A good example of this, the lawmaker said, comes from public employee unions who are opposed to the bill because they don’t want to give up their health insurance. These are benefits unions like DC37 — the city’s largest union when it comes to public employees — won through hard-fought negotiations where they often had to give up wage increases.
Assemblyman Jeffrey Dinowitz co-sponsors New York Health in the lower chamber, but admitted to those attending the town hall they need the broad support of organized labor to pass the bill. The best way to win that support is by ensuring unions don’t lose any of the current coverage they will sacrifice under New York Health.
“We have to make sure that everybody is made whole,” Dinowitz said. “We don’t want losers in this — we want everybody to be a winner. And so, whether it’s teachers or DC37 or others, there’s no reason that their previous sacrifices should cost them now if we pass the New York Health Act. So, we have to make sure that that’s all part of the mix.”
Although they still have a long way to go in winning broad support from organized labor, state Sen. Alessandra Biaggi says the New York State Nurses Association and 1199SEIU — both powerful unions — already back the bill.
Another hurdle the bill’s proponents have acknowledged in the past is getting the federal government to approve a Medicaid waiver for New York, needed to help fund the bill. Getting this waiver was nearly impossible when Donald Trump was still in the White House. But Trump has been gone for more than a year, and Rivera believes the Biden administration is far more willing to play ball.
“They have said that should such a bill be approved in the state of New York, and should a request of this type of waiver go to them, they would definitely be open to considering it,” Rivera said. “So, all of those things are positive.”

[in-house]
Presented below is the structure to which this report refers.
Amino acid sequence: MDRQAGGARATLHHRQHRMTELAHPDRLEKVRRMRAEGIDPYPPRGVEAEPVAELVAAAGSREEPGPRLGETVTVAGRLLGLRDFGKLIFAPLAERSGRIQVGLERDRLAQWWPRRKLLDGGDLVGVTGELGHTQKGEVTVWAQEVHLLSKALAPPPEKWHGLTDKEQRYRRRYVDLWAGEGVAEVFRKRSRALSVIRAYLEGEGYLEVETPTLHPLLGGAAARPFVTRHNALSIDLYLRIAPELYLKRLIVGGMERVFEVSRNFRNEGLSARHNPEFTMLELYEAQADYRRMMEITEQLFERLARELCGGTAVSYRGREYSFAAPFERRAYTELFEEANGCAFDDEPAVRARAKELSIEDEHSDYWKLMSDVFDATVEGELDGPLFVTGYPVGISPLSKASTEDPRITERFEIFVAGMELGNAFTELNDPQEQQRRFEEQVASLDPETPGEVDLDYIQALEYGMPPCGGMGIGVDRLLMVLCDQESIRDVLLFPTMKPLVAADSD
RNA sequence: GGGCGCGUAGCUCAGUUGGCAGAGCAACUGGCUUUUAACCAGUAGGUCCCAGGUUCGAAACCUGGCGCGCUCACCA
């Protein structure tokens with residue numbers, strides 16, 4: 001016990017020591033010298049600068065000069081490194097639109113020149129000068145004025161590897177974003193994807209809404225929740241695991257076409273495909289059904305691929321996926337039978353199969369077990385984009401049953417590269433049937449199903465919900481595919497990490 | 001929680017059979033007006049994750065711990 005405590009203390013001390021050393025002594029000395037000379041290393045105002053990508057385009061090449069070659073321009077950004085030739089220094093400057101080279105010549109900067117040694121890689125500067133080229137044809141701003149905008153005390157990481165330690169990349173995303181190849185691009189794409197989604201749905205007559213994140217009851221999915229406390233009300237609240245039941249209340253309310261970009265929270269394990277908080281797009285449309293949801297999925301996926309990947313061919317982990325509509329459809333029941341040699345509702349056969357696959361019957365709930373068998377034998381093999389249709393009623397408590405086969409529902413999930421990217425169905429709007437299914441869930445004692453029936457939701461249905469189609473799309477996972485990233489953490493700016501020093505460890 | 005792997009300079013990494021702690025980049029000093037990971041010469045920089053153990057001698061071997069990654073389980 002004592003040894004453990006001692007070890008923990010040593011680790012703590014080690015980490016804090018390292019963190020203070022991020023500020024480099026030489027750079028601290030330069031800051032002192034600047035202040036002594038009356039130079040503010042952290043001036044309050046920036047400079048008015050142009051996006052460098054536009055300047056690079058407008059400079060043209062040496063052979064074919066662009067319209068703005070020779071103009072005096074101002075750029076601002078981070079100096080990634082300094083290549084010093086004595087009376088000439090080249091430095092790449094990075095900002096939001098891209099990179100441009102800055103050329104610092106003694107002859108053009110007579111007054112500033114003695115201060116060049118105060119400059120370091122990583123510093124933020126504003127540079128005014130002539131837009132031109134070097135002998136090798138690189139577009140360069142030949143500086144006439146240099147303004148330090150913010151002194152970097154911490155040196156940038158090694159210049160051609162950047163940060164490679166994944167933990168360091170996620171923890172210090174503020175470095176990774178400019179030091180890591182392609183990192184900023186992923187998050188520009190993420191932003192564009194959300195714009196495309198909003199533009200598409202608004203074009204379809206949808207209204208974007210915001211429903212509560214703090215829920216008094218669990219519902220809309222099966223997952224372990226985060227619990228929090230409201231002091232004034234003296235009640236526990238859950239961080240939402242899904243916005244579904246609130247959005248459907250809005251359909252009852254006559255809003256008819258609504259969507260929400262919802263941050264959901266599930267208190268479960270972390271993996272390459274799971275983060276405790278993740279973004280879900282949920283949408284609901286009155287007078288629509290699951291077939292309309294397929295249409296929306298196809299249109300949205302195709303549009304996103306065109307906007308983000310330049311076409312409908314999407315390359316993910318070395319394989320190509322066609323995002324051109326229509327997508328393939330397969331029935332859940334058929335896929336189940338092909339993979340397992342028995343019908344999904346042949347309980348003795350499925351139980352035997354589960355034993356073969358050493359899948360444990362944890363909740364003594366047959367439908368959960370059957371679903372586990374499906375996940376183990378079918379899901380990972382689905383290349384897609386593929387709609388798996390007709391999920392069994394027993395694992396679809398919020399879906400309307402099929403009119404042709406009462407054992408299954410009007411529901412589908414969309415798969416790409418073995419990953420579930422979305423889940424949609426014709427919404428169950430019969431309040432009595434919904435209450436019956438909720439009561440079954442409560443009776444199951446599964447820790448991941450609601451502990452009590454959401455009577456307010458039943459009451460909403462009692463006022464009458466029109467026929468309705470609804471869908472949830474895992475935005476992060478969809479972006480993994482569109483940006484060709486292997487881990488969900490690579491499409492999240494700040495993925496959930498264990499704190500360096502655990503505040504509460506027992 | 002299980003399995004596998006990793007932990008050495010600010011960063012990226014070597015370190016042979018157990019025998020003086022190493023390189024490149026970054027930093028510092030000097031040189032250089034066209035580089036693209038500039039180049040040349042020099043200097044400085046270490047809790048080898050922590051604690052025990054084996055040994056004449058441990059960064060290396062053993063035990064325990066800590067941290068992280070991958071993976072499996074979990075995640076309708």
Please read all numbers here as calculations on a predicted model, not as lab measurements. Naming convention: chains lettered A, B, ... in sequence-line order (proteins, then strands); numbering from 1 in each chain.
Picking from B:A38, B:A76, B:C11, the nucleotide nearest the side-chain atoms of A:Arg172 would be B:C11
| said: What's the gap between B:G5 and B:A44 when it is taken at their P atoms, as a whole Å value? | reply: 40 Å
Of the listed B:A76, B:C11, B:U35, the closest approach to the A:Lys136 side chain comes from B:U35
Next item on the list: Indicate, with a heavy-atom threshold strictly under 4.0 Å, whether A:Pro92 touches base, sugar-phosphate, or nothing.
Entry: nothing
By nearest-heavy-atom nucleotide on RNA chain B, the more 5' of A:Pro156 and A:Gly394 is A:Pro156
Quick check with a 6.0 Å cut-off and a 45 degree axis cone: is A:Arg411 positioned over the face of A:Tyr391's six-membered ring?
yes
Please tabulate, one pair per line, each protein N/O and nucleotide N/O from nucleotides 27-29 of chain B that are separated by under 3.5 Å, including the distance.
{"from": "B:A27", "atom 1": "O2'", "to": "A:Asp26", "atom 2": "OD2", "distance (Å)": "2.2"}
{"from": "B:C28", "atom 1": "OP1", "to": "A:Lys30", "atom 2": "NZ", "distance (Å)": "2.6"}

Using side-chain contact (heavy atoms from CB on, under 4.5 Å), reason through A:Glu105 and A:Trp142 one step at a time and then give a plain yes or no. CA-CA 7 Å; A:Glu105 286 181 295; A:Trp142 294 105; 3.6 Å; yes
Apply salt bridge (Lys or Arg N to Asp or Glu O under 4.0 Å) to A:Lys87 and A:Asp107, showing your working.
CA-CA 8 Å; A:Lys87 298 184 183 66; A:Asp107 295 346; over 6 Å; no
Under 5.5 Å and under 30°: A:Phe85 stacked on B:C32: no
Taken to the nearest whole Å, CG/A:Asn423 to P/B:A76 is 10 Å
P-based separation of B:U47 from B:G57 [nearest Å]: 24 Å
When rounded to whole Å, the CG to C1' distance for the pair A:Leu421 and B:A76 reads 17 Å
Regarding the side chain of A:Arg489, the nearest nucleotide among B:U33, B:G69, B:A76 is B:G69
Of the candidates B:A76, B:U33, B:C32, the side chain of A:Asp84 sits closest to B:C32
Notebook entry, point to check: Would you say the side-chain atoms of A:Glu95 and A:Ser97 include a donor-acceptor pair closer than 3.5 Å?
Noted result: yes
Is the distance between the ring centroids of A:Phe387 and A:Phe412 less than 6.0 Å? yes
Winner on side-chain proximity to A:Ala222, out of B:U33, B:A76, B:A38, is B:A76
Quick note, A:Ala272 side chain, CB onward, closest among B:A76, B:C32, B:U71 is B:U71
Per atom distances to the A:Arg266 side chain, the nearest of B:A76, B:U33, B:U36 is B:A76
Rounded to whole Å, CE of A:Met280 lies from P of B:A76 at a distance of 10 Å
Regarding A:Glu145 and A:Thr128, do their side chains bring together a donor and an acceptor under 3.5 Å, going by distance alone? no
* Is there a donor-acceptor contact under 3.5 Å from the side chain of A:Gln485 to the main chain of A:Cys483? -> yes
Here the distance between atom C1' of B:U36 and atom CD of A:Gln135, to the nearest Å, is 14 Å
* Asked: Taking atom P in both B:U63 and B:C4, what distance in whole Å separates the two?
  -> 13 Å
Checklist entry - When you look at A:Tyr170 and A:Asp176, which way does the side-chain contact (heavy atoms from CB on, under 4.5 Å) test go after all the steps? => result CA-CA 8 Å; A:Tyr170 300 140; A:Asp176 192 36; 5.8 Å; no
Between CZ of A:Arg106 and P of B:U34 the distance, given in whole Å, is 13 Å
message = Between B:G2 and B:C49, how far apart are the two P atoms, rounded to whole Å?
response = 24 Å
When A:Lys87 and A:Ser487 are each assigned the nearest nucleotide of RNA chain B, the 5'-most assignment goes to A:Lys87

While the waiver would be helpful, Rivera and Gottfried believe New York Health could still be possible without it.
Something else that may be working in the bill’s favor this session, Rivera said, is that lawmakers are dealing with Gov. Kathy Hochul instead of her predecessor, Andrew Cuomo. Not only does Hochul’s administration seem far more interested in working with legislators on this issue, Rivera added, but her newly approved health commissioner Mary Bassett is a strong supporter of New York Health.
“The person that has to make the final determination is obviously the governor,” Rivera said. “But having somebody in her executive team who she trusts — who understands the technical aspects of this bill, the needs of this bill, and can then answer any questions you might have — that’s obviously a plus.”
Getting the bill passed this year, however, is going to take a massive amount of organizing and focus, Biaggi said.
“I just think that’s what it’s going to take,” Biaggi said. “So, if that means that the ask of all members is to bring it up in every conference, I think that’s not an unreasonable ask. I think it’s important that we really do that because, again, it has to be consistent.
“I’m always optimistic, (but) I also know that large initiatives take massive amounts of focus. And so, if this is the number one focus of this year, that’s where all the energy should go.”